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The activL® Artificial Disc: a next-generation motion-preserving implant for chronic lumbar discogenic pain

Authors Yue J, Garcia R, Miller LE

Received 22 December 2015

Accepted for publication 18 February 2016

Published 10 May 2016 Volume 2016:9 Pages 75—84


Checked for plagiarism Yes

Review by Single-blind

Peer reviewer comments 2

Editor who approved publication: Dr Scott Fraser

James J Yue,1 Rolando Garcia Jr,2 Larry E Miller3
1Department of Orthopaedic Surgery, Yale School of Medicine, New Haven, CT, 2Orthopedic Care Center, Miami, FL, 3Miller Scientific Consulting, Inc., Asheville, NC, USA

Abstract: Degeneration of the lumbar intervertebral discs is a leading cause of chronic low back pain in adults. Treatment options for patients with chronic lumbar discogenic pain unresponsive to conservative management include total disc replacement (TDR) or lumbar fusion. Until recently, only two lumbar TDRs had been approved by the US Food and Drug Administration - the Charité Artificial Disc in 2004 and the ProDisc-L Total Disc Replacement in 2006. In June 2015, a next-generation lumbar TDR received Food and Drug Administration approval - the activL® Artificial Disc (Aesculap Implant Systems). Compared to previous-generation lumbar TDRs, the activL® Artificial Disc incorporates specific design enhancements that result in a more precise anatomical match and allow a range of motion that better mimics the healthy spine. The results of mechanical and clinical studies demonstrate that the activL® Artificial Disc results in improved mechanical and clinical outcomes versus earlier-generation artificial discs and compares favorably to lumbar fusion. The purpose of this report is to describe the activL® Artificial Disc including implant characteristics, intended use, surgical technique, postoperative care, mechanical testing, and clinical experience to date.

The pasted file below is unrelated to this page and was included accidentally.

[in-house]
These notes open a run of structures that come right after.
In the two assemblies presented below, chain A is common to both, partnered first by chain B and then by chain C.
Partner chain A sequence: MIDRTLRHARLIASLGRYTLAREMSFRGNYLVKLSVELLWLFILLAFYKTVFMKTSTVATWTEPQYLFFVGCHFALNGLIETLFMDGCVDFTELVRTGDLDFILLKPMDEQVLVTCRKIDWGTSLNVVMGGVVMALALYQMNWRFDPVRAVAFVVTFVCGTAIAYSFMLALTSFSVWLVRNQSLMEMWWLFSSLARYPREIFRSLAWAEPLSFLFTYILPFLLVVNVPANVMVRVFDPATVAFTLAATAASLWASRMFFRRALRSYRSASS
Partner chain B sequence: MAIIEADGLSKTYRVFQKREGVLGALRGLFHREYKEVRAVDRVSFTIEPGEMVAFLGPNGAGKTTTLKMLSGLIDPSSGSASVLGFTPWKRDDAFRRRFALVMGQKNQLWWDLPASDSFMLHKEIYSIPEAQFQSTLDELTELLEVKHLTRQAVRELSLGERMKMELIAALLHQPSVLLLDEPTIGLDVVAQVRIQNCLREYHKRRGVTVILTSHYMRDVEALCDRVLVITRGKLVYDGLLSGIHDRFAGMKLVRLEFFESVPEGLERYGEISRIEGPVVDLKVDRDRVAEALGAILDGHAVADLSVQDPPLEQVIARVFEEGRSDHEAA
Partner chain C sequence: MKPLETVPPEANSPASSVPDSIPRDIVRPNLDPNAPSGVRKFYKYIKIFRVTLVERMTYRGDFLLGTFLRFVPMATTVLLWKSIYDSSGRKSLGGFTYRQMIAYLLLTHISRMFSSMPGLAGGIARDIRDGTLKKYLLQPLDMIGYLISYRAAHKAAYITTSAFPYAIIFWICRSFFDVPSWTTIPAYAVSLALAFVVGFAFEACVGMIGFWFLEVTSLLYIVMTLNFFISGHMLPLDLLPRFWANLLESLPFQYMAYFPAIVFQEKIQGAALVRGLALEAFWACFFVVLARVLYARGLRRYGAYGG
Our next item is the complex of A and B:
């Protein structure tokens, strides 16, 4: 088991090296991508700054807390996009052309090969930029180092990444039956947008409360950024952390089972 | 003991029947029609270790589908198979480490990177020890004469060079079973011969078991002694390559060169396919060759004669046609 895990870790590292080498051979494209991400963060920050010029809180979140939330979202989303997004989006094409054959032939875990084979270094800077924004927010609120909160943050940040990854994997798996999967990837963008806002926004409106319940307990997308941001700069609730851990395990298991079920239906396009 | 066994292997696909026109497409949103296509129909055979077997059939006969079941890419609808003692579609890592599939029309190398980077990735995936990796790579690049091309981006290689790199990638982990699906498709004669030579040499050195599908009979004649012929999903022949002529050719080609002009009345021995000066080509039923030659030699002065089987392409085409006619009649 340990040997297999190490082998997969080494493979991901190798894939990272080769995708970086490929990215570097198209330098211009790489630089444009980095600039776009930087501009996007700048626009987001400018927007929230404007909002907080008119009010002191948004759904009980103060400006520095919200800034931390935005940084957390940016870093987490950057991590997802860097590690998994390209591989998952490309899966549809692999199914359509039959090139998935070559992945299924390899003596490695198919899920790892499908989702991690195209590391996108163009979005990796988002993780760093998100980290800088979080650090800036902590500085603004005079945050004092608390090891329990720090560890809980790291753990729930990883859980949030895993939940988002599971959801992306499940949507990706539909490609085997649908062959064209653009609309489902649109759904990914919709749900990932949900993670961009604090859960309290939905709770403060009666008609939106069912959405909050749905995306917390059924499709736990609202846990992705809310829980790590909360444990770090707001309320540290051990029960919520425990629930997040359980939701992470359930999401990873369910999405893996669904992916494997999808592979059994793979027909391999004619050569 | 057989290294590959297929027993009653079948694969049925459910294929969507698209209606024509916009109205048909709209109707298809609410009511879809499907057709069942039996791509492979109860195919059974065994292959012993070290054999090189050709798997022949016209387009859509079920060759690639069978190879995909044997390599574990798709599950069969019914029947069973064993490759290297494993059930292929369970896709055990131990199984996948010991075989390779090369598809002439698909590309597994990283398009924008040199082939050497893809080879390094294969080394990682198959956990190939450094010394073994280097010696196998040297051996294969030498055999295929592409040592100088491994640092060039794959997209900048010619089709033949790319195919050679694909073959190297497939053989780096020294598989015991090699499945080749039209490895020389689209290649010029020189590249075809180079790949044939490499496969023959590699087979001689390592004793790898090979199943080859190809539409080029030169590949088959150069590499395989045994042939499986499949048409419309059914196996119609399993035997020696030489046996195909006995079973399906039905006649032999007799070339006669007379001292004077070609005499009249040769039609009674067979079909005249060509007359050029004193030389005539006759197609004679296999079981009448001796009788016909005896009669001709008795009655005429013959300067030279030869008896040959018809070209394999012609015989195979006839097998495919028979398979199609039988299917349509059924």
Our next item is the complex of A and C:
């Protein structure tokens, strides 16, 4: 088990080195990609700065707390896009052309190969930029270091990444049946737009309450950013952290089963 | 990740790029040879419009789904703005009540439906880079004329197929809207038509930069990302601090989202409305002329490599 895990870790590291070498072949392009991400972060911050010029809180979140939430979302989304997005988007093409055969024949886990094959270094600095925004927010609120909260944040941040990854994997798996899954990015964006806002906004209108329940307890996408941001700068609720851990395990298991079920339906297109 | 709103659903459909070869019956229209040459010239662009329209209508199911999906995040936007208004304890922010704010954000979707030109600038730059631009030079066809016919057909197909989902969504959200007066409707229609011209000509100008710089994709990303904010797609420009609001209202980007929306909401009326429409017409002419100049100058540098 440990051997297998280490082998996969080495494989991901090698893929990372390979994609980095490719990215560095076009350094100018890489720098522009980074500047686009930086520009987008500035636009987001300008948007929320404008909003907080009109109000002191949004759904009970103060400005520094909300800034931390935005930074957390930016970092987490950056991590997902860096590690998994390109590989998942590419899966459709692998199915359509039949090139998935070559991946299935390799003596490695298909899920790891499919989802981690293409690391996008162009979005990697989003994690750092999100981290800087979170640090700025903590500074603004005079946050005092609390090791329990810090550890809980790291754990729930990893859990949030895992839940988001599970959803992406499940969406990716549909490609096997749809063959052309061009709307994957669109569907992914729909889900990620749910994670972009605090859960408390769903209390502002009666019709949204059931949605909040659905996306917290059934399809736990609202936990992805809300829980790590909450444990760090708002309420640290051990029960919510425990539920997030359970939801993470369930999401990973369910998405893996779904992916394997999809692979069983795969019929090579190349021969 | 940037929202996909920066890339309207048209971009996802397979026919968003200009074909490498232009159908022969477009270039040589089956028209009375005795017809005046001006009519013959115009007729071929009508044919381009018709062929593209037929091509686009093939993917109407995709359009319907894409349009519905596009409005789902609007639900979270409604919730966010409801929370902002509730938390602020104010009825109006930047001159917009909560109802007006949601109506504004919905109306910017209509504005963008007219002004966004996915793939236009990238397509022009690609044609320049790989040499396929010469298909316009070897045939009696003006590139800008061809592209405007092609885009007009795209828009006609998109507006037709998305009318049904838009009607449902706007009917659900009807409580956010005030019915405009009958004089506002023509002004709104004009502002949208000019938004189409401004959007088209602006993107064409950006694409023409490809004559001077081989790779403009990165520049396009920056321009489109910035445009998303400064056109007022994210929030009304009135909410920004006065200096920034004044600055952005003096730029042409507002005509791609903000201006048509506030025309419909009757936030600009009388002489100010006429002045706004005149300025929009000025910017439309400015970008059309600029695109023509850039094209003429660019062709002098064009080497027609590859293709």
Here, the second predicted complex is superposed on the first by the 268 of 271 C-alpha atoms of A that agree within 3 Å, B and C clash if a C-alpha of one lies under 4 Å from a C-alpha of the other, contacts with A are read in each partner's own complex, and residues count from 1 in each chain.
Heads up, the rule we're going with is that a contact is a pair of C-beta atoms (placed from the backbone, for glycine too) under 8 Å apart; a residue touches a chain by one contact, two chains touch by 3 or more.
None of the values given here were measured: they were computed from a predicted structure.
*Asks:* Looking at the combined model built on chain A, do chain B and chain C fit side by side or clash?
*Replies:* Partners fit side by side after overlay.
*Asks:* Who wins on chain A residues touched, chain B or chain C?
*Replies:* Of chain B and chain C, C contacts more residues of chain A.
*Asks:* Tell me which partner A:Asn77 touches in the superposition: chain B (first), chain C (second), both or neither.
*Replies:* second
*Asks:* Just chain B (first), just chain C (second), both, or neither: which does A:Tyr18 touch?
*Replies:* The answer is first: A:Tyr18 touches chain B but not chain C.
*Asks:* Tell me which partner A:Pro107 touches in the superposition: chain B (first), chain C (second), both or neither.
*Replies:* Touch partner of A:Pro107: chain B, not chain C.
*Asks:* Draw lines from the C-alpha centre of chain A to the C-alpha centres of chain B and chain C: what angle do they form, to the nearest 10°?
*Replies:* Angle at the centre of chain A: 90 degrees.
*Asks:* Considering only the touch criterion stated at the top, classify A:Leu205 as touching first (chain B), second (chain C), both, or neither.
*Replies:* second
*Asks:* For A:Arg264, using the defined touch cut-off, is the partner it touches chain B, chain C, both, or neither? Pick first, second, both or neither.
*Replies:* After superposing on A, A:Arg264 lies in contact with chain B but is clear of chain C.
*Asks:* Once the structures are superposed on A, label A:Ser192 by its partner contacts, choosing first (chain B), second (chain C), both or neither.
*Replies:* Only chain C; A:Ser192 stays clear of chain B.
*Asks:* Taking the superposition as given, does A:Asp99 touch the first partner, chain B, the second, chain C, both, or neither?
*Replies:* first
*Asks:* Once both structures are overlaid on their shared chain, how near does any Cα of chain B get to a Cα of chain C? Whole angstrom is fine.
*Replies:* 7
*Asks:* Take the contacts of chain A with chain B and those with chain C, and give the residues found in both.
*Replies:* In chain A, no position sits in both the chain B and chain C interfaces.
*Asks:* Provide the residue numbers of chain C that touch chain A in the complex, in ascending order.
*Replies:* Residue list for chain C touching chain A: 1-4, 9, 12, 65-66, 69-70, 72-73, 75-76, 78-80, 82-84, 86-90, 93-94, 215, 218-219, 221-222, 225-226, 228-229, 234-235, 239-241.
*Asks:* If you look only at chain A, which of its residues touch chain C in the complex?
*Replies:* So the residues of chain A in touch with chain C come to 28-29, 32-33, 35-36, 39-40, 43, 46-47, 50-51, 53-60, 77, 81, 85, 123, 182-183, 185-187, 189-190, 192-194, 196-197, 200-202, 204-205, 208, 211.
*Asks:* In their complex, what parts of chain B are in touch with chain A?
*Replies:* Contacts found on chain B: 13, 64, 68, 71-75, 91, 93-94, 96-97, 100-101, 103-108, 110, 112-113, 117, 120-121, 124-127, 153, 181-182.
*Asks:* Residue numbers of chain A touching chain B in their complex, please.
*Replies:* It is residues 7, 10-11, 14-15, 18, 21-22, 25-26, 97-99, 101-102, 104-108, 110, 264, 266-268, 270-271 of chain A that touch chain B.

Keywords: activL® Artificial Disc, artificial disc, degenerative disc disease, discogenic, implant, lumbar, motion preservation, pain

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